THE 1855 Bordeaux Classification has pretty much stood the test of time despite its being 167 years old. It was created upon the behest of Napoleon III and first unveiled during the Exposition Universelle de Paris, an important showcase world fair for France.
The Bordeaux Chamber of Commerce, which was in charge of the Bordeaux presence at the Paris fair, decided to feature a list of the region’s best wines based on the best prices fetched at that time by the Bordeaux’s Union of Brokers. On the red wine side, 61 chateaux were given classifications from the highest Premiers Crus (1st growths) to the lowest Cinquièmes Crus (5th growths). Sixty crus were from the Médoc and one from Pessac-Léognan (namely Chateau Haut-Brion).
The only revision to this classification came in 1973, 118 years later, when previous 2nd growth Chateau Mouton-Rothschild got promoted to first growth status. There are five Premiers Crus, 14 Deuxièmes Crus (2nd growths), 14 Troisièmes Crus (3rd growths), 10 Quatrièmes Crus (4th growths) and 18 Cinquièmes Crus.
Because 60 of the 61 classified growths are from Medoc, and other Bordeaux regions like St.-Emilion and Pessac-Léognan have their own Grand Cru classifications — which started in 1955 and the 1959 respectively — the 1855 Classification is better known as the Medoc Grand Cru Classification.
The 1855 Bordeaux Classification also included a white wine counterpart that was centered on sweet wines from the appellations of Sauternes and Barsac, both from the Graves region, not Medoc.
Twenty-seven crus of the Sauternes and Barsac appellations were classified: one Premier Cru Supérieur, 11 Premiers Crus and 15 Deuxièmes Crus. Chateau d’Yquem is the sole Premier Crus Supérieur on the white wine side.
Despite hundreds of ownership changes since the 1855 Classification, somehow the majority of the chateaux included in this list still deliver on their quality promise. Many could argue that some 5th growths should have been 4th, 3rd, and perhaps even 2nd growth, like a Chateau Lynch-Bages, and some 4th growths should have been 3rd or 2nd growth, like a Chateau Beychevelle, but on the flipside, few would take some chateaux out of this list completely. And there is no argument on the five 1st Growths, namely Chateau Lafite, Chateau Latour, Chateau Haut-Brion, Chateau Margaux, and Chateau Mouton Rothschild. In this sense, the classification is still quite reliable and bankable in terms of quality.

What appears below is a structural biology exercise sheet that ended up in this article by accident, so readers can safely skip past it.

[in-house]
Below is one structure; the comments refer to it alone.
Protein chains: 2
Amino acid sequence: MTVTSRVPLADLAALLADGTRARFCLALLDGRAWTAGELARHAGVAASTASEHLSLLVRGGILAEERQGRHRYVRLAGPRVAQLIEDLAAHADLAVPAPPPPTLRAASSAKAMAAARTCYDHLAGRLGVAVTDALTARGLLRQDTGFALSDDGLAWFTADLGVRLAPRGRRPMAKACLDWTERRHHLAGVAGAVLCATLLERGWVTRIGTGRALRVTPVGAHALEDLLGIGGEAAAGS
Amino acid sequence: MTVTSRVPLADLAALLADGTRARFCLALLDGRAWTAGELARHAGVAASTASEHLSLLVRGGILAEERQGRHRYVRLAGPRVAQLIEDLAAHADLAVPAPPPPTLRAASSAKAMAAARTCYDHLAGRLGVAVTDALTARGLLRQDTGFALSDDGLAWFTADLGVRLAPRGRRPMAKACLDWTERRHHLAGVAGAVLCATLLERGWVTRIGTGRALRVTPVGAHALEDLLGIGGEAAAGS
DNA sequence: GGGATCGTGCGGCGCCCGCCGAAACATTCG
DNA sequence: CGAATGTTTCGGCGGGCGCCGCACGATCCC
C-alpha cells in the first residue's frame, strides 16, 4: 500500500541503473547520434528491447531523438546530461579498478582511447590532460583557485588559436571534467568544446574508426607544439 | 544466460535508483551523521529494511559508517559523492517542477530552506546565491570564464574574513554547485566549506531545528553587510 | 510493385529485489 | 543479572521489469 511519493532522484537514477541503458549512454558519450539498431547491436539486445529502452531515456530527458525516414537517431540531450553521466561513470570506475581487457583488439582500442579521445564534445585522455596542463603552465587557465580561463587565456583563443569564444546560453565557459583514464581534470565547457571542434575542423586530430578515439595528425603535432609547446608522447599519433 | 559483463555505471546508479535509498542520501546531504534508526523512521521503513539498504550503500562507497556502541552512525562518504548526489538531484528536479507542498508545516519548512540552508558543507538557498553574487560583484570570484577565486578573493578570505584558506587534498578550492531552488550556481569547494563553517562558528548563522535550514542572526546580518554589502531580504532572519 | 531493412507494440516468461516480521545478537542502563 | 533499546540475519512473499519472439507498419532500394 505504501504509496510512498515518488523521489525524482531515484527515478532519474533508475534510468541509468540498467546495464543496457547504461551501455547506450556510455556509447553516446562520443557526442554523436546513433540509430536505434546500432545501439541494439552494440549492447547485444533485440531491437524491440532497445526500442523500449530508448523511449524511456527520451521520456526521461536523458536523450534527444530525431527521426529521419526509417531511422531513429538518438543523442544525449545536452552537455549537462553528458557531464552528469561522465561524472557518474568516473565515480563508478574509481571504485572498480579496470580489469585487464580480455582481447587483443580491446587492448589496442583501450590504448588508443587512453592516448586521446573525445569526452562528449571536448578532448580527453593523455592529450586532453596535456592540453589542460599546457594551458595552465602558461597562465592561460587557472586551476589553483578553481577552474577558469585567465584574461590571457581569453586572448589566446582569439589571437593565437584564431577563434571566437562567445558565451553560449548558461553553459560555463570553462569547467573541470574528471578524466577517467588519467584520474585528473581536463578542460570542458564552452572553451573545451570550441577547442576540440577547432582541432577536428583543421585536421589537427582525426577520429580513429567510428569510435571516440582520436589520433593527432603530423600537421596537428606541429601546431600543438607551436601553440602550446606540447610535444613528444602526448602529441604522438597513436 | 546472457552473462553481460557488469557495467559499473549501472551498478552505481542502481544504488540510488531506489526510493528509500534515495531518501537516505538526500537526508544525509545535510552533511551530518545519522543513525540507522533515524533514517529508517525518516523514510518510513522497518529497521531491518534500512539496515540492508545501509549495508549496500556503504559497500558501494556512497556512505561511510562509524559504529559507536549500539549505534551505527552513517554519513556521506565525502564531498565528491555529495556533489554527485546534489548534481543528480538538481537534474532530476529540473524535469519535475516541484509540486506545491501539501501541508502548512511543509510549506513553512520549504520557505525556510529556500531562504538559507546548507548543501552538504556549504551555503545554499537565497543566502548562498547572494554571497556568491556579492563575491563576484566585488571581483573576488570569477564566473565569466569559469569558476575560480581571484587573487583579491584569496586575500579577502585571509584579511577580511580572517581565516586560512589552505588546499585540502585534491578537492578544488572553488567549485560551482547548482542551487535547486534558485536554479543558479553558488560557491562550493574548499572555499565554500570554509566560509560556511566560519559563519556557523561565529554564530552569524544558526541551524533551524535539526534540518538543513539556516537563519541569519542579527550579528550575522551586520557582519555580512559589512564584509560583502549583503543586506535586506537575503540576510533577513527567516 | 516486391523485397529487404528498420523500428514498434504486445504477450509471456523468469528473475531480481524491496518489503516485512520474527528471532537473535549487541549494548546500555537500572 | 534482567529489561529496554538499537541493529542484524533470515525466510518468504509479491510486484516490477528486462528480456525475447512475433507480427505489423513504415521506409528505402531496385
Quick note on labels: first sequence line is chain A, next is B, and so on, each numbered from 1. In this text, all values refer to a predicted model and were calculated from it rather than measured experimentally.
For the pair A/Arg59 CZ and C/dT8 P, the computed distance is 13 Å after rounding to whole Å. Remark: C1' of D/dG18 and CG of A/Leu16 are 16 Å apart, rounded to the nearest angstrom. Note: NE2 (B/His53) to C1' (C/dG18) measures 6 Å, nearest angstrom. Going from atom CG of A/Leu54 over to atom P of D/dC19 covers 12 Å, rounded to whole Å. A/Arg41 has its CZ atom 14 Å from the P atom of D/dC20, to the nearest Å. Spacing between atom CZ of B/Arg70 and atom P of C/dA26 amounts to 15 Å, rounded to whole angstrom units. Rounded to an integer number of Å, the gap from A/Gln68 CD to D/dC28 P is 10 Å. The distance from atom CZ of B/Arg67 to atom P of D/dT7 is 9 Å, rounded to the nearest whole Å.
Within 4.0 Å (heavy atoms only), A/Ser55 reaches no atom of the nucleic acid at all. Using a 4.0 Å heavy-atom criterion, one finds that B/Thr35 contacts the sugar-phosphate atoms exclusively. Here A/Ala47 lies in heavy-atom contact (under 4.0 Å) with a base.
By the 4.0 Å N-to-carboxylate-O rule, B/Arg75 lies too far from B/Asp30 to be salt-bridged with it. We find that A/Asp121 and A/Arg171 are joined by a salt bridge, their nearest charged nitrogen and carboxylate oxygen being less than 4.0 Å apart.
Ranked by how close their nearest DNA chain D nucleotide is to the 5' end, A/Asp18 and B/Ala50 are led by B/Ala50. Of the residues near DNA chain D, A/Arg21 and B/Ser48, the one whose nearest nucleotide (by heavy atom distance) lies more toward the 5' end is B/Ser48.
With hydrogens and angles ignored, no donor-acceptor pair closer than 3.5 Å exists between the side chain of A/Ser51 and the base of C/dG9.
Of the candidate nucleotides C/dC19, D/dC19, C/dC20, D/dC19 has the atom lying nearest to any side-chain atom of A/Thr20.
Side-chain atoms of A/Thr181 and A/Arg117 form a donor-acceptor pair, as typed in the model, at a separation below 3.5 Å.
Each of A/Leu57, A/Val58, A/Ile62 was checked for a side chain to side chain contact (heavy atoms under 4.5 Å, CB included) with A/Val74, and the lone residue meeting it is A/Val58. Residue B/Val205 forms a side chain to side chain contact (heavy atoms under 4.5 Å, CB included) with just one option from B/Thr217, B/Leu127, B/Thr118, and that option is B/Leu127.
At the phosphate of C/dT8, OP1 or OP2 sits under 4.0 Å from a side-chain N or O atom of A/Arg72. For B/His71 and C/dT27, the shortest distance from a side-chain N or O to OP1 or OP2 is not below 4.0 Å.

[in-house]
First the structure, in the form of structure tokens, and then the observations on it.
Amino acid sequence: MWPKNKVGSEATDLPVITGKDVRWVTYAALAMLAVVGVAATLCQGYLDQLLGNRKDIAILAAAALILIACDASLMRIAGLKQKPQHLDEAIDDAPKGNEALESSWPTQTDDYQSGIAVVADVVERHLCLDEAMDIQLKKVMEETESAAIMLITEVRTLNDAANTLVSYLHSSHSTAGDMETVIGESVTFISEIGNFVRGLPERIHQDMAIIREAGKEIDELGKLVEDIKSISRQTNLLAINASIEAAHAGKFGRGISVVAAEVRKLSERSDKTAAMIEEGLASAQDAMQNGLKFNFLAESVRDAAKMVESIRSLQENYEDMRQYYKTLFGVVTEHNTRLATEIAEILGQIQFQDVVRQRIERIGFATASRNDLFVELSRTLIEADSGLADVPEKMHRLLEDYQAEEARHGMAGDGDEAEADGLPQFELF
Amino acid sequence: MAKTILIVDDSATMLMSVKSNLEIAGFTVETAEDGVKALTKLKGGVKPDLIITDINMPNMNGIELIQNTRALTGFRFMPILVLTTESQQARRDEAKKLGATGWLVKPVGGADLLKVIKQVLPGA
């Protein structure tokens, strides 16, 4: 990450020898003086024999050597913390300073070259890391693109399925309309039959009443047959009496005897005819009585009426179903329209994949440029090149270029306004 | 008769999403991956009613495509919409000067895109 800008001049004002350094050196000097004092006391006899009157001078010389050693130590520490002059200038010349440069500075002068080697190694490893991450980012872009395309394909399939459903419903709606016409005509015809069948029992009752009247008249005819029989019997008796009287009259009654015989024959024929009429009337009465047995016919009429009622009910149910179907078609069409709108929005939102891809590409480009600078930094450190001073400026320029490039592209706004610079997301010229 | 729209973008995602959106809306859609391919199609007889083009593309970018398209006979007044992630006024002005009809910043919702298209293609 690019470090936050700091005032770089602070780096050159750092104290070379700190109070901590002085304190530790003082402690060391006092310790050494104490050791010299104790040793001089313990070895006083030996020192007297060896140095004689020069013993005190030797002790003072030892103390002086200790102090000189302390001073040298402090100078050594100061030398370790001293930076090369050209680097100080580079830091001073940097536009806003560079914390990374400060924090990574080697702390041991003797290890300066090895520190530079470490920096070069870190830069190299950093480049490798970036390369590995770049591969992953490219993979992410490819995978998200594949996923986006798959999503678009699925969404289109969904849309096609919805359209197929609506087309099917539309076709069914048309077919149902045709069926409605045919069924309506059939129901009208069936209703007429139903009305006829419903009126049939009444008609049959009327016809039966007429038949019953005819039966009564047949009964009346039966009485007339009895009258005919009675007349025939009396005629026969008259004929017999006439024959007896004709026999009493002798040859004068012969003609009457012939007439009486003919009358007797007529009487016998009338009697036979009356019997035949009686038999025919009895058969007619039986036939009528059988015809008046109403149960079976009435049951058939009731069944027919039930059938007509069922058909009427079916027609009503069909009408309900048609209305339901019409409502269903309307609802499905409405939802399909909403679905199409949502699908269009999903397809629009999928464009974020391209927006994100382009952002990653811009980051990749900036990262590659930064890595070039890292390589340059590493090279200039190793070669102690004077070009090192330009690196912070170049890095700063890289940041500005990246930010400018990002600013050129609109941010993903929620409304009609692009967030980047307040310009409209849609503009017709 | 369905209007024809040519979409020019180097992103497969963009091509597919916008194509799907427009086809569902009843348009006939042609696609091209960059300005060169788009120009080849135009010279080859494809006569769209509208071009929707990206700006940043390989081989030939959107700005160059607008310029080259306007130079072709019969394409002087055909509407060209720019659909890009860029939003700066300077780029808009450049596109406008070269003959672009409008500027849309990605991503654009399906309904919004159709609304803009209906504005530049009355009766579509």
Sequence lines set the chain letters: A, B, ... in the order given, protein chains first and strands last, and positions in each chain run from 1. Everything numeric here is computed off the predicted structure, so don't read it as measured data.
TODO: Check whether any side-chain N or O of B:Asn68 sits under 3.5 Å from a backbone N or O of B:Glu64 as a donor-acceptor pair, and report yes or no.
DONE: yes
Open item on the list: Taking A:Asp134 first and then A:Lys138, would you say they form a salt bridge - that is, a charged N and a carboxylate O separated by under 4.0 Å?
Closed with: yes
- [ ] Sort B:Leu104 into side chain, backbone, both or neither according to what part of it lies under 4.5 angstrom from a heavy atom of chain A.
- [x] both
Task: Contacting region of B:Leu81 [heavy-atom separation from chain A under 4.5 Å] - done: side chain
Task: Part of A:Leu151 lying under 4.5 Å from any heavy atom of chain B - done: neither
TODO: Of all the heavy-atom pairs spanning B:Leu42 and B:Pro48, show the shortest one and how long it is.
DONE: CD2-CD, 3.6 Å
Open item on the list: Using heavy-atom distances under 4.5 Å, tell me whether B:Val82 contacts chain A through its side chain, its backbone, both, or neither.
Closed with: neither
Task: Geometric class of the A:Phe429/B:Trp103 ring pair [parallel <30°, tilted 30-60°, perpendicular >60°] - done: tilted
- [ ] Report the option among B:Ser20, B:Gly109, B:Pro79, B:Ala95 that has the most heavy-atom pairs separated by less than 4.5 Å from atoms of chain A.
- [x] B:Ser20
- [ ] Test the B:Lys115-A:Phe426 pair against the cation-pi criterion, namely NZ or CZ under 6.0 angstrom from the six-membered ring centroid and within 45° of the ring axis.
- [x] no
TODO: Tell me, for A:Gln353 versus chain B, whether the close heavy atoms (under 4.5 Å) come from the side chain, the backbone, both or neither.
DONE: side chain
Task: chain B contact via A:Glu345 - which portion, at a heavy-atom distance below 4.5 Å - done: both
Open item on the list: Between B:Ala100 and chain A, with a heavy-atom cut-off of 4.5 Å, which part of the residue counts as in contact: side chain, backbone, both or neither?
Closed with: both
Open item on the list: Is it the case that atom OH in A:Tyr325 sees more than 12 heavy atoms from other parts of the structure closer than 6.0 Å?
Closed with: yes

Making this 1855 list was like hitting a lottery pension, not as a one-time jackpot, but a lifetime payout due to higher prices one can peg on the wines with this Grand Cru title. Obviously, the commercial side of this classification cannot be understated and that is why ownerships change hands often, and when new chateau ownership takes over, the ultimate goal of the new management will always be to keep the integrity of the inclusion of the chateau in this 1855 classification. We have seen this with almost all the chateaux in this classification.
Not getting into this exclusive Medoc club is, however, not a death sentence, especially for the relatively younger chateaux that came to existence during or just after the 1855 classification. But these chateaux will have a harder time selling their wines at better prices.
And I must hand it to the French (or just the Bordelais perhaps) as by 1932, another classification was created — the Cru Bourgeois du Medoc. This classification has, however, been revised several times since 1932, the latest being the 2015 classification.
Titles given aside from the Cru Bourgeois AOC are the Cru Bourgeois Exceptionnel (highest tier) and Cru Bourgeois Superieur. I have not tried a lot, but some good ones I tasted included Chateau Phelan Segur (St.-Estèphe), Chateau Siran (Margaux), Chateau Citran (Haut-Medoc), Chateau Clark (Haut-Medoc and owned by Baron Edmond de Rothschild), and, very recently, Chateau Meyney (St.-Estèphe).
Chateau Meyney is part of the CA Grands Crus, a subsidiary of the Crédit Agricole Group. The Crédit Agricole Group is a huge retail bank — in fact it is the No. 1 retail bank in the European Union, the bank is also the No. 1 insurance company in France. Chateau Meyney was one of the non-Grand Cru brands that I’d often hear about, perhaps it is due to their long heritage as it existed centuries before the 1855 classification. For Chateau Meyney to be excluded from the 1855 classification seemed strange for me if it already had that pedigree that far in the past. Fortunately, David Launay, Commercial Director of CA Grands Crus, was in town a few weeks back, and I was able to sit down with him ask him during an interview.
THE INTERVIEWQuestion: Despite Chateau Meyney’s centuries of existence, long history of wine tradition, and also being one of the oldest chateaux in Medoc, why do you think Chateau Meyney was excluded from this sacred 1855 Medoc Bordeaux wine classification?
David Launay: Chateau Meyney and Chateau Calon Segur are the two oldest estates in St.-Estèphe, as a piece of the vineyard of Chateau Meyney [dates back to the] 14th century.